DNA from Cave Sediments Reveals Ancient Human Occupants
Close to the Belgium town of Modave, there is a large cave. It overlooks the Hoyoux River, a tributary of the Meuse and although no human bones have ever been found at this cave site, palaeoanthropologists are confident that it was once occupied by ancient humans as animal bones with stone tool cut marks are associated with the site. The cave is called Trou Al’Wesse (“Wasp Cave” in Walloon) and thanks to a remarkable application of technology, scientists now know that some fifty thousand years ago, a Neanderthal relieved himself inside the cave. That person’s urine and faeces may have long since decomposed but, left in the cave sediments were minute traces of his DNA. Researchers have shown that they can find and identify such genetic traces of ancient humans, enabling them to test for the presence of ancient hominins even at sites where no human bones have been discovered. In addition, the same technique can be used to map other mammalian fauna at these locations. The scientists, including researchers from the Max Planck Institute for Evolutionary Anthropology (Leipzig, Germany) propose that this technique could become a standard tool in palaeoarchaeology.
Excavations at the site of El Sidrón, (Spain) – One of the Cave Sites in the Study
Picture Credit: El Sidrón research team
The Secrets of Cave Soils and Sediments
Human remains are extremely rare and although scientists are aware of the existence of ancient hominins such as the Denisovans, they are only known from a handful of fossilised bones (literally, a single finger bone and a possible femur, plus some teeth). However, cave soils and sediments themselves can provide genetic evidence in the form of tiny traces of ancient hominin DNA. By examining cave soils and sediments and extracting genetic traces, scientists can gain a better understanding of the evolutionary history of humans, even if no bones or stone tools are present.
The research team members collected eighty-five sediment samples from seven caves in Europe and Russia that humans are known to have entered or even lived in during the Pleistocene Epoch. The samples dated from between 14,000 and 550,000 years ago. Using a refined DNA analysis technique, one that was originally designed to identify plant and animal DNA, the team were able to search specifically for hominin genetic evidence.
Commenting on the significance of this research, Matthias Meyer (Max Planck Institute for Evolutionary Anthropology) and co-author of the study published in the journal “Science” stated:
“We know that several components of sediments can bind DNA. We therefore decided to investigate whether hominin DNA may survive in sediments at archaeological sites known to have been occupied by ancient hominins.”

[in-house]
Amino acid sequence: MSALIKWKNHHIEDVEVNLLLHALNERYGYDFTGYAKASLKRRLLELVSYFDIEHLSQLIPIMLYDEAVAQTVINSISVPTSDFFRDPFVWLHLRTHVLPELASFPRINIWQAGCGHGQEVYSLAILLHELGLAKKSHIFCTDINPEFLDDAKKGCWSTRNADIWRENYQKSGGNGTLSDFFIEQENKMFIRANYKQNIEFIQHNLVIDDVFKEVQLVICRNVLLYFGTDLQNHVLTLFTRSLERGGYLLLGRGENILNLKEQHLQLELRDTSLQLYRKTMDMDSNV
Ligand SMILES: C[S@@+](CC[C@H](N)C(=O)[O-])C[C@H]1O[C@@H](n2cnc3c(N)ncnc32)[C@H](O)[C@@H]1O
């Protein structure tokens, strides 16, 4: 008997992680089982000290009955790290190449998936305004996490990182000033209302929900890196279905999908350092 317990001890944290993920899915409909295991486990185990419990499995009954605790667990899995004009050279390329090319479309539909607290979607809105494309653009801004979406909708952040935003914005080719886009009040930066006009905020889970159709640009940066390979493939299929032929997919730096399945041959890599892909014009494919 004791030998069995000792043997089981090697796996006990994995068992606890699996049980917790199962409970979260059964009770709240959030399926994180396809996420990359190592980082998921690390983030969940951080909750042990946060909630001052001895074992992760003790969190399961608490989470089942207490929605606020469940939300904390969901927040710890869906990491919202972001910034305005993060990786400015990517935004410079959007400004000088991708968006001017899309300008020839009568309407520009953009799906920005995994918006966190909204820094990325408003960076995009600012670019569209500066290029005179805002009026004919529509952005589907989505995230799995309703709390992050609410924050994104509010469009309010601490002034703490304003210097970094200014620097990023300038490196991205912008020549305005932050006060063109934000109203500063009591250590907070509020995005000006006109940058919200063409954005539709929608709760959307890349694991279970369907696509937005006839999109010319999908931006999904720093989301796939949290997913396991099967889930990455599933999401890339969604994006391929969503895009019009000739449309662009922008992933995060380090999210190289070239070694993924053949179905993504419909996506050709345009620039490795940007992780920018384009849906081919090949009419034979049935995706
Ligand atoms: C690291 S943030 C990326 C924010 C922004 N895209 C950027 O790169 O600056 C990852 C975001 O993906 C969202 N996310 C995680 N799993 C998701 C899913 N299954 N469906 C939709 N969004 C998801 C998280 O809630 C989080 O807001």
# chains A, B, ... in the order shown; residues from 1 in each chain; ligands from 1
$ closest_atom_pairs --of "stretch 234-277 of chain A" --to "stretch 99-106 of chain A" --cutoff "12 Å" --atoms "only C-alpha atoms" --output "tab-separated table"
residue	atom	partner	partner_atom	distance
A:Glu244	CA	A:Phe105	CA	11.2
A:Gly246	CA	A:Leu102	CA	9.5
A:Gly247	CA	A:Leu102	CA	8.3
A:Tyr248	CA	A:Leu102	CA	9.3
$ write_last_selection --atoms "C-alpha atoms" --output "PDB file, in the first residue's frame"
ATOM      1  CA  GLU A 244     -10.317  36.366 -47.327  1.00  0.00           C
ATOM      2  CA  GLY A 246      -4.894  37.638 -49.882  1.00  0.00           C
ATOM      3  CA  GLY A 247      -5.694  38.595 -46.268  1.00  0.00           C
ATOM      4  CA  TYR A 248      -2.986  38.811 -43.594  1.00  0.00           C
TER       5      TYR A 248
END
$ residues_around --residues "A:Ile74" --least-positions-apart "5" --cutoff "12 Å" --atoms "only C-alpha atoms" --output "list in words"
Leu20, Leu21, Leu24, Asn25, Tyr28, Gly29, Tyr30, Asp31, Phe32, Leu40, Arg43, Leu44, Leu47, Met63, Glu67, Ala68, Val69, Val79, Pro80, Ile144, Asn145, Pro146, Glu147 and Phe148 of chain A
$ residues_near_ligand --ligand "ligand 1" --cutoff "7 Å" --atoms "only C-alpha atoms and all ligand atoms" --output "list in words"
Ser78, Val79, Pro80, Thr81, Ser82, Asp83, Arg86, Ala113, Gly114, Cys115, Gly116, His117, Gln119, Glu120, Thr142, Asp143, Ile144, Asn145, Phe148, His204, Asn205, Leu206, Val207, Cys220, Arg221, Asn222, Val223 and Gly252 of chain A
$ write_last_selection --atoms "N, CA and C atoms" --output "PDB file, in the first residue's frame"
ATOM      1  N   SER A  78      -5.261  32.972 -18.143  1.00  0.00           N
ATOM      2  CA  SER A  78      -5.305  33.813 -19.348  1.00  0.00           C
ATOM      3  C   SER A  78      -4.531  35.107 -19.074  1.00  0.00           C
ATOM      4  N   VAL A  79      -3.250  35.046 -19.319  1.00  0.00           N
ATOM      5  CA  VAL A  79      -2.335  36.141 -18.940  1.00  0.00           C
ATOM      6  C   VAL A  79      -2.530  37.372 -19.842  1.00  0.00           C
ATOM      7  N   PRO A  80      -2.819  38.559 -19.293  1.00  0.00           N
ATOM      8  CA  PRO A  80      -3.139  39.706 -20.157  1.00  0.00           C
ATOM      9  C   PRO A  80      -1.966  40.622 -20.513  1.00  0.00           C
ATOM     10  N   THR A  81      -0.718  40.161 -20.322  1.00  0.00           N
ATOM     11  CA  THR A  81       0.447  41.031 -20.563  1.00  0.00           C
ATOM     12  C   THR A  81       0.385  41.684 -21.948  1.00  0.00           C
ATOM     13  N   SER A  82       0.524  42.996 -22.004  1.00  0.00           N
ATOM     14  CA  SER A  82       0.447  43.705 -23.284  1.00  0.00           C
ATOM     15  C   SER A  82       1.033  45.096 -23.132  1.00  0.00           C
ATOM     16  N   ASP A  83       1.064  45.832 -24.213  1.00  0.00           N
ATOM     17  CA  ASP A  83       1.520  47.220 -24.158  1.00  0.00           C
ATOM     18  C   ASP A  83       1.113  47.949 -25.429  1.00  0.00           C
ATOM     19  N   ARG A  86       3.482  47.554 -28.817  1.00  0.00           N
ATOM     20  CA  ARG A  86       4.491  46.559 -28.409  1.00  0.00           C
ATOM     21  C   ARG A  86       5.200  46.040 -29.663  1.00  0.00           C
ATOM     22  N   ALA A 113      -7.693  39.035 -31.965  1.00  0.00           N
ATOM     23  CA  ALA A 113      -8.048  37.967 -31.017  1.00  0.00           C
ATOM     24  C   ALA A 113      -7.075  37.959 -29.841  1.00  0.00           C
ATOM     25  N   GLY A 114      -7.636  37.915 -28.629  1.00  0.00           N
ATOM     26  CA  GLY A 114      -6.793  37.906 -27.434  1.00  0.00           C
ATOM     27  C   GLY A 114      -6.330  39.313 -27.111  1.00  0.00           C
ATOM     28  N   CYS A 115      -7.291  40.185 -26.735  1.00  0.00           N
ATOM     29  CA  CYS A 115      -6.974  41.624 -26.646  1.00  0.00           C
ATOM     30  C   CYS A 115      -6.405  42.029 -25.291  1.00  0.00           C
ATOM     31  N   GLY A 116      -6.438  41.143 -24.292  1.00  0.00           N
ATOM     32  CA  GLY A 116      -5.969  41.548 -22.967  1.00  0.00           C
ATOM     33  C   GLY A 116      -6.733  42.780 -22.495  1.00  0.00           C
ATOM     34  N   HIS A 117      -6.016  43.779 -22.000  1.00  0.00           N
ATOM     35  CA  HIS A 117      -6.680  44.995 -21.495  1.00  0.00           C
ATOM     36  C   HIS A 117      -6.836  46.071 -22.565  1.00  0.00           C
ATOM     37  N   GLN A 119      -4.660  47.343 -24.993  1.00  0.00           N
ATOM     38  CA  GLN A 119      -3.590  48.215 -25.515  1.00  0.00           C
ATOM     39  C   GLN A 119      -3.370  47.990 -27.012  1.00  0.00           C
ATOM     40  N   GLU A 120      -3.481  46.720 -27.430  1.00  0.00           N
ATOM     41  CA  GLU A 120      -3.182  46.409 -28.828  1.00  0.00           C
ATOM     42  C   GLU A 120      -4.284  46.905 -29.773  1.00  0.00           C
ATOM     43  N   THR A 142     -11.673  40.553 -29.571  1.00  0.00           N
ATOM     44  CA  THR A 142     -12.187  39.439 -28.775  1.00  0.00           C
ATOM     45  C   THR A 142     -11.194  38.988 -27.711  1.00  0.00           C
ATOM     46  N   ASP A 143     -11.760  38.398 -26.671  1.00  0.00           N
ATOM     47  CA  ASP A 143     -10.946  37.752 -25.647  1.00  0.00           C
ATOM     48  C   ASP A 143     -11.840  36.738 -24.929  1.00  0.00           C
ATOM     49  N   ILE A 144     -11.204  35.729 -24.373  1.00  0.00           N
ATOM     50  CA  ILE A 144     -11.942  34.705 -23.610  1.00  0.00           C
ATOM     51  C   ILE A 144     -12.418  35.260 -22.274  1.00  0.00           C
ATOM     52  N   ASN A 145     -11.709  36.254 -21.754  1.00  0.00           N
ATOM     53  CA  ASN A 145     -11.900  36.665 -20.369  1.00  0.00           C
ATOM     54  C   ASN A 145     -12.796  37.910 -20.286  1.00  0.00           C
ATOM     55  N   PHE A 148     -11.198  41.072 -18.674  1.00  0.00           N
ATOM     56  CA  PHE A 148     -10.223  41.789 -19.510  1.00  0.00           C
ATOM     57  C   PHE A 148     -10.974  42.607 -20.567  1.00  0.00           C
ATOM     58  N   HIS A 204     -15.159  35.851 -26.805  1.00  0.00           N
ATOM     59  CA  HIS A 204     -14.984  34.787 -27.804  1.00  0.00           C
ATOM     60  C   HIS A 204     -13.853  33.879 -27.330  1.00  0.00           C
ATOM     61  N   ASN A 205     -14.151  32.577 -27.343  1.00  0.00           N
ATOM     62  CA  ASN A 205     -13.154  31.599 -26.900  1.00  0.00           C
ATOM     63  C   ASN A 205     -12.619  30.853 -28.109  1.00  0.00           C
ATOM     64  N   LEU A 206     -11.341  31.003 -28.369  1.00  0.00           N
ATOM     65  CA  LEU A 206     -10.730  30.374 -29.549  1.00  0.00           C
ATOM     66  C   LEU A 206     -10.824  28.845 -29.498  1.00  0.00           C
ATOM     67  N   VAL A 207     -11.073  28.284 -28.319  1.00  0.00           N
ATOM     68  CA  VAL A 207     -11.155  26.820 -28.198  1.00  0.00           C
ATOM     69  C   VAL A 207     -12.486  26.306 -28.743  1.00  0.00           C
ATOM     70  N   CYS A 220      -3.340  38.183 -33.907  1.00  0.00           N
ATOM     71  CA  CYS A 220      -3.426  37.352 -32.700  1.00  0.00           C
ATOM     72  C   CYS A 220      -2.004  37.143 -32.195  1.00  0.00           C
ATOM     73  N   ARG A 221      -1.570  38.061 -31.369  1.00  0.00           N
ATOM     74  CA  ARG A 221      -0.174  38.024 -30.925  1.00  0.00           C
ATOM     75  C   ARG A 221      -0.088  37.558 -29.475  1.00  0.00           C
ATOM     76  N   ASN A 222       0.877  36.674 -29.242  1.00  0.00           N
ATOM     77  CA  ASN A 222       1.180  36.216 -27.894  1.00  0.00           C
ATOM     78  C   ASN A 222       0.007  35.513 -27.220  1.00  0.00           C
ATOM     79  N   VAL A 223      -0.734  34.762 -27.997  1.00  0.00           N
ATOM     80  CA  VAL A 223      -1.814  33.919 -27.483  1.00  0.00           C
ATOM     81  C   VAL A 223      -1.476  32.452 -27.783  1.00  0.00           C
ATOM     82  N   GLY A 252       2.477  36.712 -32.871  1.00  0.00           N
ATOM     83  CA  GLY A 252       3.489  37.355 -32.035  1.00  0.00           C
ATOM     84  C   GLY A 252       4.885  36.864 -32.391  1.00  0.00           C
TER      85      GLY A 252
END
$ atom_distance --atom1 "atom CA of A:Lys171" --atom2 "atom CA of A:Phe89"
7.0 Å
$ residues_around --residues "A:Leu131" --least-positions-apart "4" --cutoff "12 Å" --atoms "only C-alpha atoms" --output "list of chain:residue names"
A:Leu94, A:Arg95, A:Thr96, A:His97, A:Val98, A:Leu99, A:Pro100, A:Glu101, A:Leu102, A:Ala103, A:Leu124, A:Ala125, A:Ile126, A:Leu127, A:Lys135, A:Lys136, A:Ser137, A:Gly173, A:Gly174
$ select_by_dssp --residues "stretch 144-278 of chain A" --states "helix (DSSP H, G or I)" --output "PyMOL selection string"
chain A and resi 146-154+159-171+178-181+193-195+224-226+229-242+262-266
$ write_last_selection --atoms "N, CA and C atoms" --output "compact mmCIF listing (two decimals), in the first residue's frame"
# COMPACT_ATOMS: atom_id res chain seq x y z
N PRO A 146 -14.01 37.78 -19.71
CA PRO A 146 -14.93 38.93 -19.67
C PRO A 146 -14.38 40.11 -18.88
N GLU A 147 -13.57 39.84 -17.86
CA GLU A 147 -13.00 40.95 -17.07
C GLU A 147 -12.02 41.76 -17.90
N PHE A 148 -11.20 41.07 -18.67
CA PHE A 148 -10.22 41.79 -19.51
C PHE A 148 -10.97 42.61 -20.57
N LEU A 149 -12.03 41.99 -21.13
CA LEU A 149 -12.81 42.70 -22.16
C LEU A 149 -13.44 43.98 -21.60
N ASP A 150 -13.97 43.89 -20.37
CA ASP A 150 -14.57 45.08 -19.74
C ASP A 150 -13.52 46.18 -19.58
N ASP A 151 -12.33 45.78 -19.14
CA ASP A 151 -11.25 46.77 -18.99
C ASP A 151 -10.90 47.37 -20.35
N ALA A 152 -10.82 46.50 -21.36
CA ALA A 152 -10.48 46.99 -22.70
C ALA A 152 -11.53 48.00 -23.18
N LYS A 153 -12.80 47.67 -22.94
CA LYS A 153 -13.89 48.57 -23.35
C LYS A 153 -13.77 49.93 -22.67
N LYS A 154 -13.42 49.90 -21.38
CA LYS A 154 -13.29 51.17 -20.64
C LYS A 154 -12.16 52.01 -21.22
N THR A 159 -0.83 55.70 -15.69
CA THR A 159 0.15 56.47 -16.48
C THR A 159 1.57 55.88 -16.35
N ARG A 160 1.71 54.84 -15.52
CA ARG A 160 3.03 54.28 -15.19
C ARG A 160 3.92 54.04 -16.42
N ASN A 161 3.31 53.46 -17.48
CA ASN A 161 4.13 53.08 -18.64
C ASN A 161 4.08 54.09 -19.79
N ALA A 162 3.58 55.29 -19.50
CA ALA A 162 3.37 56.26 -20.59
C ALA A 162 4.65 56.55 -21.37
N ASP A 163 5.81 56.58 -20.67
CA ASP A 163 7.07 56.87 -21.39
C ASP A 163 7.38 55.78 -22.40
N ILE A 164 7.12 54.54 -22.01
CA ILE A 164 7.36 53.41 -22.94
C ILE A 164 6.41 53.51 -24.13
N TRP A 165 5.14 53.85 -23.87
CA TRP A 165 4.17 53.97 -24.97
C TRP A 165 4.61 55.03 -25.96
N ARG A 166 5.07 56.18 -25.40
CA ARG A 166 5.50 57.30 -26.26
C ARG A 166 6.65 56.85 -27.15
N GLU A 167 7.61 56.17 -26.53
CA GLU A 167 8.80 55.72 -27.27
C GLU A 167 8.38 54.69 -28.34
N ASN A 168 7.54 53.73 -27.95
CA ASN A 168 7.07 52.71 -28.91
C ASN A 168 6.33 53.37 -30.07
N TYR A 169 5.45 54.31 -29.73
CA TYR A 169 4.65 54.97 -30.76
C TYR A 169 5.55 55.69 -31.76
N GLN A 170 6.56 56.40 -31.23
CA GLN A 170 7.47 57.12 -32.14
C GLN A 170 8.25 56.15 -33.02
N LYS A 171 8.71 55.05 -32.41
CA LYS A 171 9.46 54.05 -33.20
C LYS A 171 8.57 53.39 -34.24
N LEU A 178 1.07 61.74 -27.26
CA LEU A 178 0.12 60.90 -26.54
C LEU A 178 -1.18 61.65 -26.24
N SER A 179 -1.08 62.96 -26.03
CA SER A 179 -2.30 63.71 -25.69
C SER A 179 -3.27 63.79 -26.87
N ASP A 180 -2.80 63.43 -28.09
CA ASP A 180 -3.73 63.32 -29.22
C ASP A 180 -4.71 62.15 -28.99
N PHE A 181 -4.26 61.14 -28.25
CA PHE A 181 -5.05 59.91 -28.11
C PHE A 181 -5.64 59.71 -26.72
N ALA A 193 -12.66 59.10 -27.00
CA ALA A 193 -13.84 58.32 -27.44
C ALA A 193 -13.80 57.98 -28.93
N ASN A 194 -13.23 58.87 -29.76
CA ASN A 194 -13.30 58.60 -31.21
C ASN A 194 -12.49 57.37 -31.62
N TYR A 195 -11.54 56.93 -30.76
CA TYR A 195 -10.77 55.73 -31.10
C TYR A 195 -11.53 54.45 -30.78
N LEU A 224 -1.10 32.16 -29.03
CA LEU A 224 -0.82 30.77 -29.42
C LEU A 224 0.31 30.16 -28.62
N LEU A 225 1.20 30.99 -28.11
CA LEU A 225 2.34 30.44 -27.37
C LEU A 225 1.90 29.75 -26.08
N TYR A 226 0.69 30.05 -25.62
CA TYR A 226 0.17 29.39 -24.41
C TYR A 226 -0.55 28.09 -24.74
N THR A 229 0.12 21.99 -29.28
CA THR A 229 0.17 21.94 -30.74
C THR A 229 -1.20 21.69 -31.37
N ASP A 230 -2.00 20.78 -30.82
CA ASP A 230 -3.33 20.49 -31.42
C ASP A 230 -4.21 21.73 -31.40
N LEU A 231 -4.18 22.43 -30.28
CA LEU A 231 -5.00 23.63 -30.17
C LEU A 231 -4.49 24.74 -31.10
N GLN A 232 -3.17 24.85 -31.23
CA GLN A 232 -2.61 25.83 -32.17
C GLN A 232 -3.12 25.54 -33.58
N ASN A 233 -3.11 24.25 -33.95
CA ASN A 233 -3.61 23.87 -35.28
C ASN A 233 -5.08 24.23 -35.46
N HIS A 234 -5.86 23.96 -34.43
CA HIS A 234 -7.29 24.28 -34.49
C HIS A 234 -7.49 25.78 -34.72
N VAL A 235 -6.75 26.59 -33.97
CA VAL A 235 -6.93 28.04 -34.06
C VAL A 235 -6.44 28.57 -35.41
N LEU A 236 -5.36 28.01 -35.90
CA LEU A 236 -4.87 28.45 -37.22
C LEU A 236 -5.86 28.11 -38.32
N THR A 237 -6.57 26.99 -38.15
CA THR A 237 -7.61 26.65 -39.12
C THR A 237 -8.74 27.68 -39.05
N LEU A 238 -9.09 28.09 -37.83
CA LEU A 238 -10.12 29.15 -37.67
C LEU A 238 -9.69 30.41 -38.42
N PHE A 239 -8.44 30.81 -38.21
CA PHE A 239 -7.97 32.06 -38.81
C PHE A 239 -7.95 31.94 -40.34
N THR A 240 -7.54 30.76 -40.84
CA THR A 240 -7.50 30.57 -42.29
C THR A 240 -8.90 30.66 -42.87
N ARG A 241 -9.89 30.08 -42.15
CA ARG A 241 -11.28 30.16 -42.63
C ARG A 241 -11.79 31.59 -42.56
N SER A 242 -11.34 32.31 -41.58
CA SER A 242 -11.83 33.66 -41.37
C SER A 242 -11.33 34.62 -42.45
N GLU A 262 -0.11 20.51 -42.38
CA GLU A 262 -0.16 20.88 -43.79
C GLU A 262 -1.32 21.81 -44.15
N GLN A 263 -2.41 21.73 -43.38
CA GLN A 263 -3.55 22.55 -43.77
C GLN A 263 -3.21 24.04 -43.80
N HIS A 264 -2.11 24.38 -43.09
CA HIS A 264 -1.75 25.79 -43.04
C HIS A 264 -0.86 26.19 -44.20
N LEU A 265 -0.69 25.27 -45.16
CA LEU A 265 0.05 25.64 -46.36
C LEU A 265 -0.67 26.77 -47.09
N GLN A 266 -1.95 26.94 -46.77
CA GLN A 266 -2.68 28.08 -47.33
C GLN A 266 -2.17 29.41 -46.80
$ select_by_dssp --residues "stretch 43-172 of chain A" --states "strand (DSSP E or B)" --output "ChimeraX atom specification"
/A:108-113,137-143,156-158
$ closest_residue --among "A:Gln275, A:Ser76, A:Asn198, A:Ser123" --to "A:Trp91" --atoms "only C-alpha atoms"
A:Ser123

Entrance to the Archaeological Site of Vindija Cave, Croatia
Picture Credit: Max Planck Institute for Evolutionary Anthropology/J.Krause
The picture above shows a view from the entrance of Vindija Cave in northern Croatia, one of the seven sites studied. Analysis of microscopic amounts of mitochondrial DNA at the Vindija Cave location confirmed the presence of several large mammals including Cave Bears at this location. The researchers found evidence of a total of twelve different mammalian families across the sites that were included in this study, including enigmatic, extinct species such as Woolly Mammoth, Woolly Rhinoceros and Cave Hyena.
Mitochondrial DNA Helps Map the Presence of Large Mammals (Including Hominins)
Picture Credit: Journal Science
Once animal DNA had been mapped the researchers turned their attention to identifying ancient human genetic traces within the samples.
Lead author of the research paper, PhD student Viviane Slon (Max Planck Institute for Evolutionary Anthropology), explained:
“From the preliminary results, we suspected that in most of our samples, DNA from other mammals was too abundant to detect small traces of human DNA. We then switched strategies and started targeting specifically DNA fragments of human origin.”
In total, nine samples from four cave sites contained enough ancient hominin DNA to permit further analysis. Of these, eight sediment samples contained Neanderthal mitochondrial DNA, either from one or multiple individuals, whilst one sample contained evidence of Denisovan DNA. The majority of these samples were taken from archaeological layers or sites where no Neanderthal bones or teeth had been previously found.
A New, Important Tool for Palaeoanthropology
Svante Pääbo, another co-author of the paper and director of the Evolutionary Genetics department at the Max Planck Institute for Evolutionary Anthropology commented that the ability to retrieve ancient hominin DNA from sediments represented a significant advance in palaeoanthropology and archaeology. The use of this technique could become a standard analytical procedure in future.
A Sample Ready for Testing
Picture Credit: Max Planck Institute for Evolutionary Anthropology/S. Tüpke
Even sediment samples that were stored at room temperature for years still yielded DNA. Analyses of these and of freshly-excavated sediment samples recovered from archaeological sites where no human remains are found will shed light on these sites’ former occupants and our joint genetic history.
Everything Dinosaur acknowledges the contribution of the Max Planck Institute for Evolutionary Anthropology in the compilation of this article.